Amazon wants to be the place where you can get the best products from A to Z. And of course delivered quickly so that it is convenient for you.
Imperia Caviar, the company of my friends, offers high-end caviar at reasonable prices. He can get the same caviar that big brands charge for thousands of dollars.
You might think that he made his brand cheaper by a cheap price, but instead brings transparency to the market and educates people about how caviar is not really expensive … it's actually just a marketing trick.
I take a similar approach to Ubersuggest. I don't think marketing software and education should be that expensive. So I give away a lot for free or super cheap.
Do you think that made my brand cheaper or hurt? Let's look at the data:
I do not think so. 🙂
But on the other hand, would Ferrari be Ferrari if their cars were sold for $ 10,000? Probably not.
How to choose the right price for your product
I am by no means a pricing expert, so I don't want to tell you what price your product should be valued at. But I'm going to tell you to read the Price Intelligently blog. These people know how expensive they are, and they have dozens of articles that show you exactly how to rate your product.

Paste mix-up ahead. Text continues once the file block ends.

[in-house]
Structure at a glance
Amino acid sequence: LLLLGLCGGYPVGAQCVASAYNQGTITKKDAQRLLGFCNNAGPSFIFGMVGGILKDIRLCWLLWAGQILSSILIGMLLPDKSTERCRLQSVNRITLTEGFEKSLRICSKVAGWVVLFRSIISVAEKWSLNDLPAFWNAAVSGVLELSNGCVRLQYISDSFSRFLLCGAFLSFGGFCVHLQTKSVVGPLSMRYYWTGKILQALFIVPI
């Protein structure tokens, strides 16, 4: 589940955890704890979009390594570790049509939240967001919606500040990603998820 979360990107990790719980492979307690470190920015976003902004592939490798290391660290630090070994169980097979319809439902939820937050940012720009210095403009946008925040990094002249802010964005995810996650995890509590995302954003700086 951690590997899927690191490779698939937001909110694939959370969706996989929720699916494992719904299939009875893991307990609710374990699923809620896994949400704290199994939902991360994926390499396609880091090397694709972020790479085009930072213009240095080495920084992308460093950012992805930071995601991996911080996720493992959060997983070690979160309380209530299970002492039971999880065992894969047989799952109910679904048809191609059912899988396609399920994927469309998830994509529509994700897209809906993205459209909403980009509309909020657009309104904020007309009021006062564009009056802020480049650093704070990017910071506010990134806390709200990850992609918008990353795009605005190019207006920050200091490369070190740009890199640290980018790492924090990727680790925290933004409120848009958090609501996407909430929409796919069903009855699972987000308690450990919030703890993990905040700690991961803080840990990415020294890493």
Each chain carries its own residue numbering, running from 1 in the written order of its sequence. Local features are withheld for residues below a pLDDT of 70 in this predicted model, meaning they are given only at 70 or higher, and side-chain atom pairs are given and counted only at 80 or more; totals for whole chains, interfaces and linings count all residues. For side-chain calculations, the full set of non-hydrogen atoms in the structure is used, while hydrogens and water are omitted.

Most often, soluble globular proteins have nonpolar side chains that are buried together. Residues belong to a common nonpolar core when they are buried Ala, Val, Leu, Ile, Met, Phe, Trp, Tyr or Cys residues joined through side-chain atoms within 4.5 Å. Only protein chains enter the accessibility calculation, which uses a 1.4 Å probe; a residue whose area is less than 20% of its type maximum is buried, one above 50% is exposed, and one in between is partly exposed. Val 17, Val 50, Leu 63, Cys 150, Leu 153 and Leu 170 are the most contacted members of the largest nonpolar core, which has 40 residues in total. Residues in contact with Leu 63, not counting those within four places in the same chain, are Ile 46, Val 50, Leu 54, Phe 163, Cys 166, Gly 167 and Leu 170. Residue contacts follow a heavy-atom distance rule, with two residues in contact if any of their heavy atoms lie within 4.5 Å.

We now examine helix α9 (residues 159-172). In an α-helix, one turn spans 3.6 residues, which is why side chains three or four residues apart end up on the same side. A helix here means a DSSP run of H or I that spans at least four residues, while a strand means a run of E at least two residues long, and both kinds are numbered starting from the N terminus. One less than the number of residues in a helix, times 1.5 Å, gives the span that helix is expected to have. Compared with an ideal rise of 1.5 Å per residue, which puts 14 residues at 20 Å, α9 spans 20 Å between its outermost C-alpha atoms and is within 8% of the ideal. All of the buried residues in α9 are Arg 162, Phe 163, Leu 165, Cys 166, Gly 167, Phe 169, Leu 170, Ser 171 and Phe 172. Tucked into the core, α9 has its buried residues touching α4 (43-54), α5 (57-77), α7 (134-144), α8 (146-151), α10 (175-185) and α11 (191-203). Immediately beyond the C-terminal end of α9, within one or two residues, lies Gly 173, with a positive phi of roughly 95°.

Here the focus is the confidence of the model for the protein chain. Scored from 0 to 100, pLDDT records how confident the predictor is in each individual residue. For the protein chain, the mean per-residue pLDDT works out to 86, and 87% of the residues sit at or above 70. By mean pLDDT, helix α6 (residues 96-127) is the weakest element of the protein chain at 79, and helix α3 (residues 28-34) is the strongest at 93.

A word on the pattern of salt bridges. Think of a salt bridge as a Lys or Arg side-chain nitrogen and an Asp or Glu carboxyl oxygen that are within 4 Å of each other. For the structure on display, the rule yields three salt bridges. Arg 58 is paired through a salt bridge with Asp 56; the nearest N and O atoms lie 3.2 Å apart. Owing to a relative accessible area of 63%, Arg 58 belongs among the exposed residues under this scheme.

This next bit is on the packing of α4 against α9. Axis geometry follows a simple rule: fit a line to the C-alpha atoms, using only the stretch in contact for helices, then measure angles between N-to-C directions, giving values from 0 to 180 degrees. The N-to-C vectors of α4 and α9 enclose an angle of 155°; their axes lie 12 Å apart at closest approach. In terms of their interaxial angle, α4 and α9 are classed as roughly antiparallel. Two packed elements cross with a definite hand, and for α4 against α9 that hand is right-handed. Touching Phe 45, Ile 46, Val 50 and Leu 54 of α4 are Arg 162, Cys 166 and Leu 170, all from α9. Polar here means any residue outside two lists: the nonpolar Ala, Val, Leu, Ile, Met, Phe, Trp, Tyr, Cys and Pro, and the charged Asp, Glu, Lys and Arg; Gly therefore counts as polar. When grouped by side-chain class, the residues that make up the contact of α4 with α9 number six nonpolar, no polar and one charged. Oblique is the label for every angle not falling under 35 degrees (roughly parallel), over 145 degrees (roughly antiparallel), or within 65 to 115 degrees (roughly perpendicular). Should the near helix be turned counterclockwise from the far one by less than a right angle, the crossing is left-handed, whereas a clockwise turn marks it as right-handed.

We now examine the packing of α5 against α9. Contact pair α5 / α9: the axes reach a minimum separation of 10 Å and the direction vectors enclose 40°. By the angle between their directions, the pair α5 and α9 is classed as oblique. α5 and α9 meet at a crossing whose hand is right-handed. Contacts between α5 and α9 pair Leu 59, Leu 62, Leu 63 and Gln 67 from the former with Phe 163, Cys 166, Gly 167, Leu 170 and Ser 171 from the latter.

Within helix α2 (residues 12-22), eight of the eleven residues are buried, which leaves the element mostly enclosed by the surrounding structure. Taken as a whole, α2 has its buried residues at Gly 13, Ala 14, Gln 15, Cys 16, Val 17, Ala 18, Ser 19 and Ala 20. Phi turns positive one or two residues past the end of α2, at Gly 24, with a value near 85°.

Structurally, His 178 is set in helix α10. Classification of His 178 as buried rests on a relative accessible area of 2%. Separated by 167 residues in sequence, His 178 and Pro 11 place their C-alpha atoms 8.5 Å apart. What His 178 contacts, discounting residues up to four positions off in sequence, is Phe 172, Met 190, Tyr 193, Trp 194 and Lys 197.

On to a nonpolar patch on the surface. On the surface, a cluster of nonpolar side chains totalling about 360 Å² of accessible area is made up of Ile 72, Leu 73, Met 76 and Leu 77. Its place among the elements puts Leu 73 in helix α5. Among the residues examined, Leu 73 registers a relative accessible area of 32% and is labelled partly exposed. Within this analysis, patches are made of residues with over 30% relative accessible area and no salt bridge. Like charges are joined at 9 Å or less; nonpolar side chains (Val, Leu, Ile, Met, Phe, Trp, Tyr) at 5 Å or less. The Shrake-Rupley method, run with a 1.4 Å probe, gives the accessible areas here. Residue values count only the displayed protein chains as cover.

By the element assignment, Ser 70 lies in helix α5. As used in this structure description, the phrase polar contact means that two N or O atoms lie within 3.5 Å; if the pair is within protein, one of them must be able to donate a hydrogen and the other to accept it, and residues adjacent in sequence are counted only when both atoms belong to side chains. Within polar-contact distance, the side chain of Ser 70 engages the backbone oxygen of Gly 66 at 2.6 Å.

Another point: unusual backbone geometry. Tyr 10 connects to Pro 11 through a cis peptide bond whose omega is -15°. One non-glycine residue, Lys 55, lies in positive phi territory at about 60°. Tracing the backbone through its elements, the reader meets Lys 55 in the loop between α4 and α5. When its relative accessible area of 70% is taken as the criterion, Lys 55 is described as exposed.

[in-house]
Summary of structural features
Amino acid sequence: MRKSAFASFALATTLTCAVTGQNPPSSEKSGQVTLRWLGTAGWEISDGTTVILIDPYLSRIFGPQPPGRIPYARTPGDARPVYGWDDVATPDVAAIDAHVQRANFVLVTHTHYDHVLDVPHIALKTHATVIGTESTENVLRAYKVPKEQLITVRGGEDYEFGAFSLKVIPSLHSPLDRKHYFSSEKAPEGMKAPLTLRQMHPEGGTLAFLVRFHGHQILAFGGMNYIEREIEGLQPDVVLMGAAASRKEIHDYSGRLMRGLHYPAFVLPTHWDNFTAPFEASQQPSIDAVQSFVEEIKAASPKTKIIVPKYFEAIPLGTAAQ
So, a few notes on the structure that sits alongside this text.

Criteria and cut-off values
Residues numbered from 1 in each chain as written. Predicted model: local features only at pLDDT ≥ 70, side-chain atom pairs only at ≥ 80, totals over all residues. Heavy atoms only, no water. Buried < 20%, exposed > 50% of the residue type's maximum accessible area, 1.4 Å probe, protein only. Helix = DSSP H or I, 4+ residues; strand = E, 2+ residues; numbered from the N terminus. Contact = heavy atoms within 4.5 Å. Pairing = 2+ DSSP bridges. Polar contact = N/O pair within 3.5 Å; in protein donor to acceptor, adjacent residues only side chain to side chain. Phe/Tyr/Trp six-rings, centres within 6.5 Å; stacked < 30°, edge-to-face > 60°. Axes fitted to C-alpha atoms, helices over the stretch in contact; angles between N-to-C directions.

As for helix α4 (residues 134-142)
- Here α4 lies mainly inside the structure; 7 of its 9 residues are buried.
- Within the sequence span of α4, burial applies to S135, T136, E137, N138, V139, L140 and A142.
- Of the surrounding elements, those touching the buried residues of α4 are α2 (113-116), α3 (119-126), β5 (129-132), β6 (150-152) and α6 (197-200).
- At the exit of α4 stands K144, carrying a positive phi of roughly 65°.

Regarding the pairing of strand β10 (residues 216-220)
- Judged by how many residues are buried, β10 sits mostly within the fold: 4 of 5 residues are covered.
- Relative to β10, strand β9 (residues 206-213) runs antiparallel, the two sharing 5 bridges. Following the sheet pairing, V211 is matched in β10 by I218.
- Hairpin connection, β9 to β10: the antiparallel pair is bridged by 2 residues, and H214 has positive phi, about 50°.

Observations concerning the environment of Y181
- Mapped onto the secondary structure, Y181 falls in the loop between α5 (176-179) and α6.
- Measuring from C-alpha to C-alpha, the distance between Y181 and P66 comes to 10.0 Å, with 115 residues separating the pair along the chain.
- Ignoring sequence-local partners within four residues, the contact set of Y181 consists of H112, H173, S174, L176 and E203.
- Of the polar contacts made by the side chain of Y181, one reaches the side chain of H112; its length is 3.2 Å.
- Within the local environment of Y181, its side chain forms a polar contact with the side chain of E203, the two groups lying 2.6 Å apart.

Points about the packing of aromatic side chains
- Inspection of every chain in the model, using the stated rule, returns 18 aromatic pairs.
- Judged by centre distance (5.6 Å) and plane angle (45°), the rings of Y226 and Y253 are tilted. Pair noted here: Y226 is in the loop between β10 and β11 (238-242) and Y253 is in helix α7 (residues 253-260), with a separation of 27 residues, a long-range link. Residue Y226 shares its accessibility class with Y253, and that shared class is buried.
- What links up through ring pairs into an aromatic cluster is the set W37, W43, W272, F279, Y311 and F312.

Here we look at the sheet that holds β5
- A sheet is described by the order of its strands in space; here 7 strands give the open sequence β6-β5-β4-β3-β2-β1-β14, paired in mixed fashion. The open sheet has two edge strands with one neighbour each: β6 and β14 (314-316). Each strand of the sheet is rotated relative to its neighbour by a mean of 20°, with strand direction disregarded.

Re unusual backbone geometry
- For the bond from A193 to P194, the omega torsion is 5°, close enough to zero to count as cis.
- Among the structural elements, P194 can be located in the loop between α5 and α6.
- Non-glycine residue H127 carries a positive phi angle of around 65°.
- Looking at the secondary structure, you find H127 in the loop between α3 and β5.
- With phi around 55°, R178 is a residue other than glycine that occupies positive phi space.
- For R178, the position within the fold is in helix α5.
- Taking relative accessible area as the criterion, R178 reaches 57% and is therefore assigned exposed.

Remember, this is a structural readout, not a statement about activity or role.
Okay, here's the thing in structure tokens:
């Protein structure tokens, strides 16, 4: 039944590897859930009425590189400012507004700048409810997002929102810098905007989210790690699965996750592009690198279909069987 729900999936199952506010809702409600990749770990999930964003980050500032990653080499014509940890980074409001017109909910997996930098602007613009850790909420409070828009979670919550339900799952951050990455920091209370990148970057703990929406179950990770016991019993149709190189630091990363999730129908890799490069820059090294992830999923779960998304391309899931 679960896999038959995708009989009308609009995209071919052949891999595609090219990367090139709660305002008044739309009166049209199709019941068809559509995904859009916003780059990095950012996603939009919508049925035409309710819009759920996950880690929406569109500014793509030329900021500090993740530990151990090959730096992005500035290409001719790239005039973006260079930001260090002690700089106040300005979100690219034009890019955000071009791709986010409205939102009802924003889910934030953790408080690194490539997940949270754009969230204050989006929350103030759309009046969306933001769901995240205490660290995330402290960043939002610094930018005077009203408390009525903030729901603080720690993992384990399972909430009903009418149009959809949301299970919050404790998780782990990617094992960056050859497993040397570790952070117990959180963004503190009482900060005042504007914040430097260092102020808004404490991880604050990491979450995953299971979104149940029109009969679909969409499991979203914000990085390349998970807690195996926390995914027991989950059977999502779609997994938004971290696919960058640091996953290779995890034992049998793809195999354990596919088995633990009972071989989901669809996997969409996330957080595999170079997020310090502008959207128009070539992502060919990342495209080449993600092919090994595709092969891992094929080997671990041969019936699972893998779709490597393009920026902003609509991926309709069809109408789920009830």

It is important to think about pricing, especially if you are in a crowded room. My rule of thumb is: if you are in a new room or are already a leader, you can calculate a premium amount.
On the other hand, you should consider a cheaper price (if not the cheapest price) if your space is crowded and you are late for the market.
Some questions you should ask yourself are:
- What would be the lowest price you are willing to sell your product?
- What would be the highest price consumers would be willing to pay?
- How sensitive are your customers to prices?
- What prices do current market leaders charge in your niche?
- What is your price compared to the competition?
"Location" is another word for location.
As marketing says, it's all about … location, location, location.
I once held a tech conference in Los Angeles called Twiistup.